NASA to test 3D printer on space station
Astronauts could make their own spare parts if the technology can conquer a zero-G environment. Cathal O'Connell reports.
NASA has sent a specially designed 3D printer to the International Space Station to be put through its paces. If it passes the test, the agency hopes astronauts will in future be able to make perfect spare parts in a matter of hours – perhaps saving their lives, or salvaging expensive missions that would otherwise have to be abandoned.
There’s no doubt Earth-based printers can do the job. But the crucial question is whether they will work in space.
Grant Lowery from Made In Space, the company that designed and built the microwave oven-sized machine, is confident.
“Very soon we’ll be building things regularly away from the Earth,” he says.
The printer uses a computer-generated template to create objects out of the same plastic used for Lego blocks. A nozzle deposits layers of the melted plastic, like piping icing on to a cake, to build up the object. As each layer cools and solidifies, the next is added.
It will attempt to make 21 test parts on the ISS, including tools and facsimiles of the space station’s parts.
Made In Space’s initial attempts to print in low gravity using an off-the-shelf machine failed. When tested on the “vomit comet” – the aeroplane that simulates low-gravity conditions – the layers failed to stick together and the printed object turned into mush.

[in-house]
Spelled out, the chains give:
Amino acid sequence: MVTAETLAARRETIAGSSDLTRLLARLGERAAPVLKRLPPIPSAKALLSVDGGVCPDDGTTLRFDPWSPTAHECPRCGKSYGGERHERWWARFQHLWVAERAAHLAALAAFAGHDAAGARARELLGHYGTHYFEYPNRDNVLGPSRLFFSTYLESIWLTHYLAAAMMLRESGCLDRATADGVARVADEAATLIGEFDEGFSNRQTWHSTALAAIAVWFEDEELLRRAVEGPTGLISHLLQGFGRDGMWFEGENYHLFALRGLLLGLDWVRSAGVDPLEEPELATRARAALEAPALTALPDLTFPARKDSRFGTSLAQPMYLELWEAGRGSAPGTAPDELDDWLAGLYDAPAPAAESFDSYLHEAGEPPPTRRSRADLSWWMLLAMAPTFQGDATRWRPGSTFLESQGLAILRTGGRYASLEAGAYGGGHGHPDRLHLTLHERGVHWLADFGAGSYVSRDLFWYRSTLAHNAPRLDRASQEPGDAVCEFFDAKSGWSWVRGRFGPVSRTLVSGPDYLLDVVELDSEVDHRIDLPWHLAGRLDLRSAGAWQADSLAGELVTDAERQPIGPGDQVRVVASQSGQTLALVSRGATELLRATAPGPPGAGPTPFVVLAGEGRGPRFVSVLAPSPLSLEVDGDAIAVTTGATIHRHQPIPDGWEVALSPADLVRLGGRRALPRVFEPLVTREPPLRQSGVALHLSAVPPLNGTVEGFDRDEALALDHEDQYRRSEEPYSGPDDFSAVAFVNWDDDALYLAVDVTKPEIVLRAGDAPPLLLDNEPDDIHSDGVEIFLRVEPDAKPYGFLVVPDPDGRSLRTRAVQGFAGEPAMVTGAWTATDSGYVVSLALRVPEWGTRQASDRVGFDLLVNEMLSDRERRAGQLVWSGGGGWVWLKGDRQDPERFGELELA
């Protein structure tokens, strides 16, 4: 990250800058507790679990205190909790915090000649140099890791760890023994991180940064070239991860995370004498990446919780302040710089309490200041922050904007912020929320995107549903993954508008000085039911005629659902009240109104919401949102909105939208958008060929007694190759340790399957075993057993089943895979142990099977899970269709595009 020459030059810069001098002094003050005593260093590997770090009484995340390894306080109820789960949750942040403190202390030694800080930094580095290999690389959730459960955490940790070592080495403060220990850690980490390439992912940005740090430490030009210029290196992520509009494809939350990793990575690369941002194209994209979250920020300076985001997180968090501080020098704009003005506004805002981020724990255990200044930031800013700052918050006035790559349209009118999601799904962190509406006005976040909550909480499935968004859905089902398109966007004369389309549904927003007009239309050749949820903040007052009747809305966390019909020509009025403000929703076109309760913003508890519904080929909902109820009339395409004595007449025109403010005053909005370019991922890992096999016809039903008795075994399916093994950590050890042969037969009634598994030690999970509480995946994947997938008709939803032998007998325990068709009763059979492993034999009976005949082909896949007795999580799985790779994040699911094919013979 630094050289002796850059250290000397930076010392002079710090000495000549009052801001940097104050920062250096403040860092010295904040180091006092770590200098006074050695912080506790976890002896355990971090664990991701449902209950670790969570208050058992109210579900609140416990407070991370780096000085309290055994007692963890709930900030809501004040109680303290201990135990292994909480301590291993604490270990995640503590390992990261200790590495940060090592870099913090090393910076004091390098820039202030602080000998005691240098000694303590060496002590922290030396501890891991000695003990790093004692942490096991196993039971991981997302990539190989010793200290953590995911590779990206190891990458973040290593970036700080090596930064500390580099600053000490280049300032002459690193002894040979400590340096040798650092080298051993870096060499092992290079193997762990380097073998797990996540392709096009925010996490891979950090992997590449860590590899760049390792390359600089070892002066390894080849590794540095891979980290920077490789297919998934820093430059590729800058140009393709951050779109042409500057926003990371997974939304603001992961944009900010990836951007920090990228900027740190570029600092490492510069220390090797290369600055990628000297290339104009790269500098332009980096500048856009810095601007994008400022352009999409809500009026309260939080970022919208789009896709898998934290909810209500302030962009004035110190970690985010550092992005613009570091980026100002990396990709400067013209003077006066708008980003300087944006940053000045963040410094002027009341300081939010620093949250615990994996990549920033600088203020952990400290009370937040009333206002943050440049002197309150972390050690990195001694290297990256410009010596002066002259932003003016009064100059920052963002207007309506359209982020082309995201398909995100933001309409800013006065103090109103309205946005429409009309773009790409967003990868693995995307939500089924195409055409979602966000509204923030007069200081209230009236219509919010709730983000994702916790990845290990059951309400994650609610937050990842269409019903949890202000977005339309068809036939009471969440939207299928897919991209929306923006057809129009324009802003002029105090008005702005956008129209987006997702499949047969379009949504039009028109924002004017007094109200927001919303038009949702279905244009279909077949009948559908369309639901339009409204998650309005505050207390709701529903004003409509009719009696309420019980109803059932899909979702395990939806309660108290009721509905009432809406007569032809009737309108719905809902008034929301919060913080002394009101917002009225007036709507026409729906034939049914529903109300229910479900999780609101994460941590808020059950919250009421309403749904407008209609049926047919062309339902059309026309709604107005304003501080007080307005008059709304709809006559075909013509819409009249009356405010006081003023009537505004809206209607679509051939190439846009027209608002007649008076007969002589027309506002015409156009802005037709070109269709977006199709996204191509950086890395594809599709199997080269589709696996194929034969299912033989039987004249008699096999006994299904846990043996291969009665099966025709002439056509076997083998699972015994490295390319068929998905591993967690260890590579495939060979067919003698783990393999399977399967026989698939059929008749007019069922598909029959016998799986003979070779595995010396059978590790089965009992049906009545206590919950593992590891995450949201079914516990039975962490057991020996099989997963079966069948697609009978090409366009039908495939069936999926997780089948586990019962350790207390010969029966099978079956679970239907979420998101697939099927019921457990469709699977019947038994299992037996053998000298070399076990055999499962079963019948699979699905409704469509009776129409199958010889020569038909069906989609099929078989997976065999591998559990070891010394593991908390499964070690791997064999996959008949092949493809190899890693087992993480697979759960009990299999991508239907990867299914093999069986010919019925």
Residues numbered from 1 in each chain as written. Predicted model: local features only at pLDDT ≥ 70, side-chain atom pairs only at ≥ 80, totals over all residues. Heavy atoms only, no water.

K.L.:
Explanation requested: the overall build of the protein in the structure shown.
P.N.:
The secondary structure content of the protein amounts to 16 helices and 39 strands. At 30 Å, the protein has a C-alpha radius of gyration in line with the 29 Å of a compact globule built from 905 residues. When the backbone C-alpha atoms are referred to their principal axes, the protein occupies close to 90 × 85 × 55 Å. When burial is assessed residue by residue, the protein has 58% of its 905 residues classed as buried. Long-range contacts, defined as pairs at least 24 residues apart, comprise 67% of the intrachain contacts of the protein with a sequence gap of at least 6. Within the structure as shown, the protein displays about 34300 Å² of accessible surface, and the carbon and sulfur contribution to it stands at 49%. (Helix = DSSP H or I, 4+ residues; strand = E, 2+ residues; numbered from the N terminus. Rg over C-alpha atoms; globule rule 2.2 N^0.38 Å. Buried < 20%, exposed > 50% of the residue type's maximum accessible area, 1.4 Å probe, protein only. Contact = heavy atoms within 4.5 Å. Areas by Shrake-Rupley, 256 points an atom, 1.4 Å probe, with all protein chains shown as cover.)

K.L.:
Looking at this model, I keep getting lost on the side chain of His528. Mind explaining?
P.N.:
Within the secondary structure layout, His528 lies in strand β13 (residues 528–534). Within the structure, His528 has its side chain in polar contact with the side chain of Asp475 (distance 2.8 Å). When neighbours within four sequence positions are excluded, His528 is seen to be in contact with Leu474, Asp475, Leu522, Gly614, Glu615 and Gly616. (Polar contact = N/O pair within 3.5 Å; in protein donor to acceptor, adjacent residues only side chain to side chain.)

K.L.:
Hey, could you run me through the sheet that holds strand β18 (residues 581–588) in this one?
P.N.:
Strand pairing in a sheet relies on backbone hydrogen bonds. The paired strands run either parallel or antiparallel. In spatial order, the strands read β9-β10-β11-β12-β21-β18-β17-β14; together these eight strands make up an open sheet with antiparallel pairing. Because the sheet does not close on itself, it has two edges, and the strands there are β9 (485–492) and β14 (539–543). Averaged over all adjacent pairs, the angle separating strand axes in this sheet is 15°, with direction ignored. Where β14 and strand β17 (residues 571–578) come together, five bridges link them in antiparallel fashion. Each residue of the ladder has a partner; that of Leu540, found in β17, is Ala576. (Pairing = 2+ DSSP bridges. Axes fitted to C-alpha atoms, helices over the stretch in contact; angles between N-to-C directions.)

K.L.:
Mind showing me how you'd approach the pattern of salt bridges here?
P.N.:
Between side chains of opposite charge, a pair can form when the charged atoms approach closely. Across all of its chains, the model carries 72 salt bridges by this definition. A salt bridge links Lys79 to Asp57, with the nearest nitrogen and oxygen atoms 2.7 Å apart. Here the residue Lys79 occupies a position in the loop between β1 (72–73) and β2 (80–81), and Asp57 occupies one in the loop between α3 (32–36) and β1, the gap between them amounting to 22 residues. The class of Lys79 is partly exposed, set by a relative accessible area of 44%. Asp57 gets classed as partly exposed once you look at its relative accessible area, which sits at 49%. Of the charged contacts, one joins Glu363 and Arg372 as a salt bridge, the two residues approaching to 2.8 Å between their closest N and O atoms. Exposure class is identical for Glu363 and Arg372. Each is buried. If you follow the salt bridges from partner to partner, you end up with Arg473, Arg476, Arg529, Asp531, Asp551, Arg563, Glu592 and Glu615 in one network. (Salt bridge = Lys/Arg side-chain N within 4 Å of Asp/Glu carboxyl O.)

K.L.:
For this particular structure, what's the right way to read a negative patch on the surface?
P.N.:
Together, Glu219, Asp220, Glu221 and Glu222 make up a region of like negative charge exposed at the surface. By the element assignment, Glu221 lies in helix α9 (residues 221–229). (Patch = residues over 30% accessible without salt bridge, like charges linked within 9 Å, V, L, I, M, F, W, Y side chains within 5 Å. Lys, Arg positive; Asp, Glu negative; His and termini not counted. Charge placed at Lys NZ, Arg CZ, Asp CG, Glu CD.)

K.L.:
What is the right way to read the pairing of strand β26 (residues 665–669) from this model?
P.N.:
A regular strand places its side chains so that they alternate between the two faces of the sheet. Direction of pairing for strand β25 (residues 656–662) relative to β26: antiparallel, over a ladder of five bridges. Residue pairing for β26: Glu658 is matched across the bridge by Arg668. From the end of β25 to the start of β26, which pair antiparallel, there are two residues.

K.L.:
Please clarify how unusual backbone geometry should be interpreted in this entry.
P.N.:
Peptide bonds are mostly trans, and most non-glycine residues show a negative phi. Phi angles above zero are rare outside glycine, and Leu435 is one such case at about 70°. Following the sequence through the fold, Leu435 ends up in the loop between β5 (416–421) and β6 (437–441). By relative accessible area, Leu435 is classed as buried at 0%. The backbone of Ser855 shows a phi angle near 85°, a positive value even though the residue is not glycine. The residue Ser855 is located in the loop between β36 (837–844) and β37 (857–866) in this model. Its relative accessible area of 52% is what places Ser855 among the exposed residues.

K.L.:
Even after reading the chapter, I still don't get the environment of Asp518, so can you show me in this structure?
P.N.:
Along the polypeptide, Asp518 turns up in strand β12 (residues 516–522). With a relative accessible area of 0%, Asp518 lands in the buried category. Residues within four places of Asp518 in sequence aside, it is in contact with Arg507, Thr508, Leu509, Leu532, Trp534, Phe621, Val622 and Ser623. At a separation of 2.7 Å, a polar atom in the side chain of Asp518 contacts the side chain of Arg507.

'Once we can mine local materials found on the Moon and asteroids,
we can send the hardware up and have it create what we need.'
One problem was that heat transfers differently in low G than on the ground (on Earth heat rises, but in space there is no such thing as up) and this affected the melting and cooling of the plastic.
So the team designed a new printer, using a slightly different process, and last year another test on a low G flight was a success.
The company is secretive about the process, which it calls its “secret sauce”, but says using surface tension was key to making the layers of plastic stick together.
While the success in low G is promising, astronauts will only be able to make a limited range of useful objects from Lego plastic.
So while a printer may have helped on Apollo 13 in 1970 when the crew cobbled together a CO2 filter using cardboard, a plastic bag and some duct tape, it probably wouldn’t be much more use than the toothbrush two astronauts on the ISS used in 2012 to unscrew a stubborn bolt.
“You can make a spanner from it, but would it lock a steel bolt in place without breaking? The answer is no,” said Stephen Beirne, Additive Fabrication Manager at the Australian National Fabrication Facility (ANFF), at the University of Wollongong, Australia.
Printers will need to be able to work with metal to manufacture objects such as satellite parts, and Beirne says that will require major innovations.
Lowery agrees, but says the current space printer is “a proof of concept” that will lay the groundwork for the next stage.
For now, the parts printed on the ISS will be returned to Earth and compared for strength, durability and shape with objects printed on the ground. These experiments will inform the design of the next-generation space printer, slated for deployment on the ISS permanently in 2015.
“We see additive manufacturing as an essential tool for space development,” says Lowery. “Once we can mine local materials found on the Moon and asteroids, we can send the hardware up and have it create what we need. It’s a paradigm shift in our approach to space.”